Watson co-leads WMPO through 36; Phil makes cut

By Associated PressFebruary 1, 2014, 2:00 am

SCOTTSDALE, Ariz. – Phil Mickelson made it to the weekend in the Phoenix Open. Another popular left-hander and a fellow former Arizona State player set the pace.

A week after withdrawing from Torrey Pines because of back pain, Mickelson shot a 4-under 67 in his afternoon round Friday at cool and breezy TPC Scottsdale. The defending champion was eight strokes behind leaders Bubba Watson and Matt Jones.

''I'm not totally out of it,'' Mickelson said. ''Obviously, heading into the weekend, I'd like to be closer, but as we have seen in the past, there is that 8-, 9-, 10-, in some cases 11-under par round out there.''

Indeed, the three-time champion has shot 11-under 60 twice in the event, in the second round in his 2005 victory and last year in the first round.

Watson, the long-hitting left-hander who won the 2012 Masters, followed his opening 64 with a 66 to reach 12 under. Jones, the Australian who played at Arizona State and lives in Scottsdale, had his second straight 65.

''It's right where I want to be going into the weekend,'' Watson said.The 43-year-old Mickelson felt soreness in his back two weeks ago in Abu Dhabi, and pulled out at Torrey Pines after making the 36-hole cut. He flew to Georgia to see back specialist Tom Boers and was told his facet joints locked up.

''My back feels great,'' Mickelson said. ''Like I said, it was a simple fix. I just don't want to overdo it.''


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Lefty saved par with a 12-footer on the par-5 15th hole after hitting his second shot into the water. On Thursday in his opening 71, he reached the green in two and three-putted for par from about the same distance.

''Very difficult conditions to go really low,'' Mickelson said.

Harris English and Greg Chalmers shot 67 to reach 10 under, and Pat Perez, Kevin Stadler and Hideki Matsuyama were 9 under. Matsuyama had a 67, and Perez and Stadler shot 68.

Watson opened with a birdie on the par-4 10th. In 50-degree conditions with the wind hours away on the cloudy day when it barely reached the mid-60s, he hit a 315-yard drive to set up a 70-yard shot that he hit to 4 feet.

''Back is not as loose as you want it to be, weather is not as warm as you want it to be,'' Watson said. ''But I hit a good tee shot, and then I hit my wedge in there close and I made the putt. ... That got me going.''

Wearing lime greens shoes and an otherwise all-black outfit, Watson bogeyed the par-3 seventh after driving right. He made a 30-foot birdie putt on the par-4 eighth and closed with a bogey on the par-4 ninth after his wedge shot spun off the green.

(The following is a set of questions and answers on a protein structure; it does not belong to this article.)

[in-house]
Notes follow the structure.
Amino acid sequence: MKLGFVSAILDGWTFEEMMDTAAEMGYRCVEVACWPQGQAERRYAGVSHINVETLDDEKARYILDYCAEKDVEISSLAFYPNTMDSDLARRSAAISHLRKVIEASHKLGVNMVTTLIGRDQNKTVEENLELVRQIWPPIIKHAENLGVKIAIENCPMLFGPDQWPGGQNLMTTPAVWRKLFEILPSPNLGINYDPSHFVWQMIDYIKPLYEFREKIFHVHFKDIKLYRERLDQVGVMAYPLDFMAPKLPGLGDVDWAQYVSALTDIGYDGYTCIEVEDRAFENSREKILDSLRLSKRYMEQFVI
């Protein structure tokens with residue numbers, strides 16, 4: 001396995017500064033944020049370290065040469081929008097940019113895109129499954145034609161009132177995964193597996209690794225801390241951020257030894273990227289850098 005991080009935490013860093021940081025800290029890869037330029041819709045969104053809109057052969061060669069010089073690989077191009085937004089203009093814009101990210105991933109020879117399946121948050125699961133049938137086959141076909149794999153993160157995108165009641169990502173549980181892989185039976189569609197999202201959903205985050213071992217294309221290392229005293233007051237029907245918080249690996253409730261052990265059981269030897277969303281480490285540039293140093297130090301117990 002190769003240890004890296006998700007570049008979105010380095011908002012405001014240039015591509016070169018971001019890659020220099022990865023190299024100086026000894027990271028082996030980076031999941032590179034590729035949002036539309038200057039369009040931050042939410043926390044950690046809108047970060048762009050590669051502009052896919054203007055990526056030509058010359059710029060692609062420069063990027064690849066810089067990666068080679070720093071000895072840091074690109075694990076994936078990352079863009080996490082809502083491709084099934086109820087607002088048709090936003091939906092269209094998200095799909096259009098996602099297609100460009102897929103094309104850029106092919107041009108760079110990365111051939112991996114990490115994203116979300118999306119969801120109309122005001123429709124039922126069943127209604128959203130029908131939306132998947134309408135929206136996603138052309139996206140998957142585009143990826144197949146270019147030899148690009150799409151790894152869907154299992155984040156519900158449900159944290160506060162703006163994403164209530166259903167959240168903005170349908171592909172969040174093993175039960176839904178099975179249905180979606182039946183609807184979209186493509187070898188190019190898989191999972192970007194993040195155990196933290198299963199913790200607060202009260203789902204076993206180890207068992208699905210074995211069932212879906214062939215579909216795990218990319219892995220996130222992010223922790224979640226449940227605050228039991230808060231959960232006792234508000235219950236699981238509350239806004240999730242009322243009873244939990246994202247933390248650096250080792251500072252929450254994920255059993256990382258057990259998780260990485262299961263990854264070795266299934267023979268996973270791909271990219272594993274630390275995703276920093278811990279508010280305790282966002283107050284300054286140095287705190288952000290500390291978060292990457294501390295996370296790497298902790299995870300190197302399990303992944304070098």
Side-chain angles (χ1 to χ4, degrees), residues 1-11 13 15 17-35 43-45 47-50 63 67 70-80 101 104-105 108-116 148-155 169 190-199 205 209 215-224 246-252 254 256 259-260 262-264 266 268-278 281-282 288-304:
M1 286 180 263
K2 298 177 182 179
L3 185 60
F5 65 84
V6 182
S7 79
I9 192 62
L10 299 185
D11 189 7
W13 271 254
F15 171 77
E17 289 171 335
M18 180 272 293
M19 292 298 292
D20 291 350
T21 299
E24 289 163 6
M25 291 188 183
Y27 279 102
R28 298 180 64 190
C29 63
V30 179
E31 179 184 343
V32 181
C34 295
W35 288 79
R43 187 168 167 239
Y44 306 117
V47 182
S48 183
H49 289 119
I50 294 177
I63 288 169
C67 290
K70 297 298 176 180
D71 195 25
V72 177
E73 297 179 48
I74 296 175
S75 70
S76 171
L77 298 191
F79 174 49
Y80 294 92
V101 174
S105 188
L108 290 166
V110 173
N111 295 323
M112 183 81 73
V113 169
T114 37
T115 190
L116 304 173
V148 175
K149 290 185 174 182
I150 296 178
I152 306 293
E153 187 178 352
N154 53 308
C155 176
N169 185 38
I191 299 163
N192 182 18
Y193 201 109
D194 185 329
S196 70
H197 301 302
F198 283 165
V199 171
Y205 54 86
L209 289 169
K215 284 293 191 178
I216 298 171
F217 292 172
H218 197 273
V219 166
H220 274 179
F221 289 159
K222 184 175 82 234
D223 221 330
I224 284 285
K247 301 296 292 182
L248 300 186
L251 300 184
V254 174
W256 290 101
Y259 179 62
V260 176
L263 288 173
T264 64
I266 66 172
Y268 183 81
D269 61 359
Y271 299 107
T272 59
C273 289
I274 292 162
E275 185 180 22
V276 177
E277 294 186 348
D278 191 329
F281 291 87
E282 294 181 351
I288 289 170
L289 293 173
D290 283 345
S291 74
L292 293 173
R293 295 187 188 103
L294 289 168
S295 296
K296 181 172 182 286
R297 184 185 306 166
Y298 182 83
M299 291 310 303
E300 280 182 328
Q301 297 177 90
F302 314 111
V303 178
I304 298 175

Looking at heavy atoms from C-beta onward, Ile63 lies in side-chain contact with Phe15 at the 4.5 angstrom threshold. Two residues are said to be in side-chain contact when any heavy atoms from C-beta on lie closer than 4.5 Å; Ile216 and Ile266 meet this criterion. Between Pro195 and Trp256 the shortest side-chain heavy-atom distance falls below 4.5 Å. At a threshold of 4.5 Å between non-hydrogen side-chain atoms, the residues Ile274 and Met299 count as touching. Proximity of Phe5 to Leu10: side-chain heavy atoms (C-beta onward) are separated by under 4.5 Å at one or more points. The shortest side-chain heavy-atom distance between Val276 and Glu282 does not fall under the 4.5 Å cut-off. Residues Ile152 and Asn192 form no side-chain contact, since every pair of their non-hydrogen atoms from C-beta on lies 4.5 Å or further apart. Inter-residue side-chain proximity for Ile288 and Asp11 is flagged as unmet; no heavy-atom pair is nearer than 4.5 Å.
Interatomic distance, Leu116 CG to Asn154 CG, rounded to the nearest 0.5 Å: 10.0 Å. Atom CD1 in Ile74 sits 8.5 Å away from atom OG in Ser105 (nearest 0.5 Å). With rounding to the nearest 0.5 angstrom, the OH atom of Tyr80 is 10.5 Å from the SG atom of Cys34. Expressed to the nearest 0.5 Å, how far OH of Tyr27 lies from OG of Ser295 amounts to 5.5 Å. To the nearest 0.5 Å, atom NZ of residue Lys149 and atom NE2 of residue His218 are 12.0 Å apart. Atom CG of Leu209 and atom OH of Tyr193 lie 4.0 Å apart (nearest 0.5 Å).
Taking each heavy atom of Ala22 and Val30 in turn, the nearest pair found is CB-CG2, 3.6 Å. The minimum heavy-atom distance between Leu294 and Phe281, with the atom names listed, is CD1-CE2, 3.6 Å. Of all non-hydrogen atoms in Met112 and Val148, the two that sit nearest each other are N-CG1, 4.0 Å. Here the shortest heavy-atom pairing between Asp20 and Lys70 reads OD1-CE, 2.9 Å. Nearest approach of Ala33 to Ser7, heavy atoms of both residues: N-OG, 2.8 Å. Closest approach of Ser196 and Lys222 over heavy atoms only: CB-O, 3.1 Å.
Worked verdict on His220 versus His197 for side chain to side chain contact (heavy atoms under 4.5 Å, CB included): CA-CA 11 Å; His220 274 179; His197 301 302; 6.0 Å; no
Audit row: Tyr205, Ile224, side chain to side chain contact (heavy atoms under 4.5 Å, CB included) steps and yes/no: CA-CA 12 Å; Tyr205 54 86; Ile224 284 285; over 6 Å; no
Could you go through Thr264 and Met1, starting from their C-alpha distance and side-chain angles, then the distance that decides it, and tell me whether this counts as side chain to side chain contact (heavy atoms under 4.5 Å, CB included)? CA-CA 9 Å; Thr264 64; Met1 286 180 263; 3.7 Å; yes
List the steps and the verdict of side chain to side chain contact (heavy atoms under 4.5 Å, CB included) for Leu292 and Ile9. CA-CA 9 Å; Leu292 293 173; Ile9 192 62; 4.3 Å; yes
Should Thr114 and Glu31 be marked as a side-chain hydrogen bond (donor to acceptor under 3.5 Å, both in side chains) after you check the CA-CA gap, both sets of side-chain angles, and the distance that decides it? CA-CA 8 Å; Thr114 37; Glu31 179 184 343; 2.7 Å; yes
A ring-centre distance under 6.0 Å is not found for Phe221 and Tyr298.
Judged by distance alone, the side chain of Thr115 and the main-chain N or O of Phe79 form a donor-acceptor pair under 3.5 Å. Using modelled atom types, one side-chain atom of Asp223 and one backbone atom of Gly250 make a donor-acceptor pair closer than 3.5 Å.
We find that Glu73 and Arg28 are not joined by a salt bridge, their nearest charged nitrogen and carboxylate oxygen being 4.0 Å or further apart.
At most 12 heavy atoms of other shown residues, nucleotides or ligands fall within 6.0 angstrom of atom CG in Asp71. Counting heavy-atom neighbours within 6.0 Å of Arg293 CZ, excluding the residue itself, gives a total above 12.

''I had two sloppy bogeys coming down the stretch, but I will take it,'' Watson said.

Jones birdied four of his last six holes. He also played in the morning.

''We definitely got the good side of the draw,'' Jones said.

Despite the cooler weather, the tournament set an attendance record for the third straight day with an estimated crowd of 123,674. Since Monday, an estimated 313,054 people have attended the event. The seven-day record of 538,356 was set in 2008.

It also was expected to be cool over the weekend, with highs in the low-60s.

Jones is a regular at the course, but doesn't consider that an advantage.

''The golf course is so different tournament week than it is when you play out here regularly,'' Jones said. ''It's a lot harder, a lot faster. The greens are a lot quicker. The pins are a lot more tucked out here. So, it's like a new golf course when you come here for a tournament.''

Brandt Snedeker had the best round of the day, a 64 in the morning to reach 8 under.

''My putting, plain and simple,'' Snedeker said. ''I hit the ball extra good yesterday and had some of the worst putting I had all year. Today, I kind of did the opposite.''

La Quinta winner Patrick Reed also was 8 under after his second 67. Playing alongside Watson, Reed hit to a foot for a birdie on the par-3 16th stadium hole.

Making a statement about the PGA Tour's decision to ban caddie races to the green on the rowdy hole, players Robert Garrigus and Morgan Hoffman sprinted to the putting surface. Garrigus made a birdie, and Hoffman had a bogey.

Keegan Bradley followed his opening 66 with an 80, The score was the second-highest of his PGA Tour career, following an 82 last year in the Masters. He made a triple-bogey 8 on No. 3 and had eight bogeys and two birdies.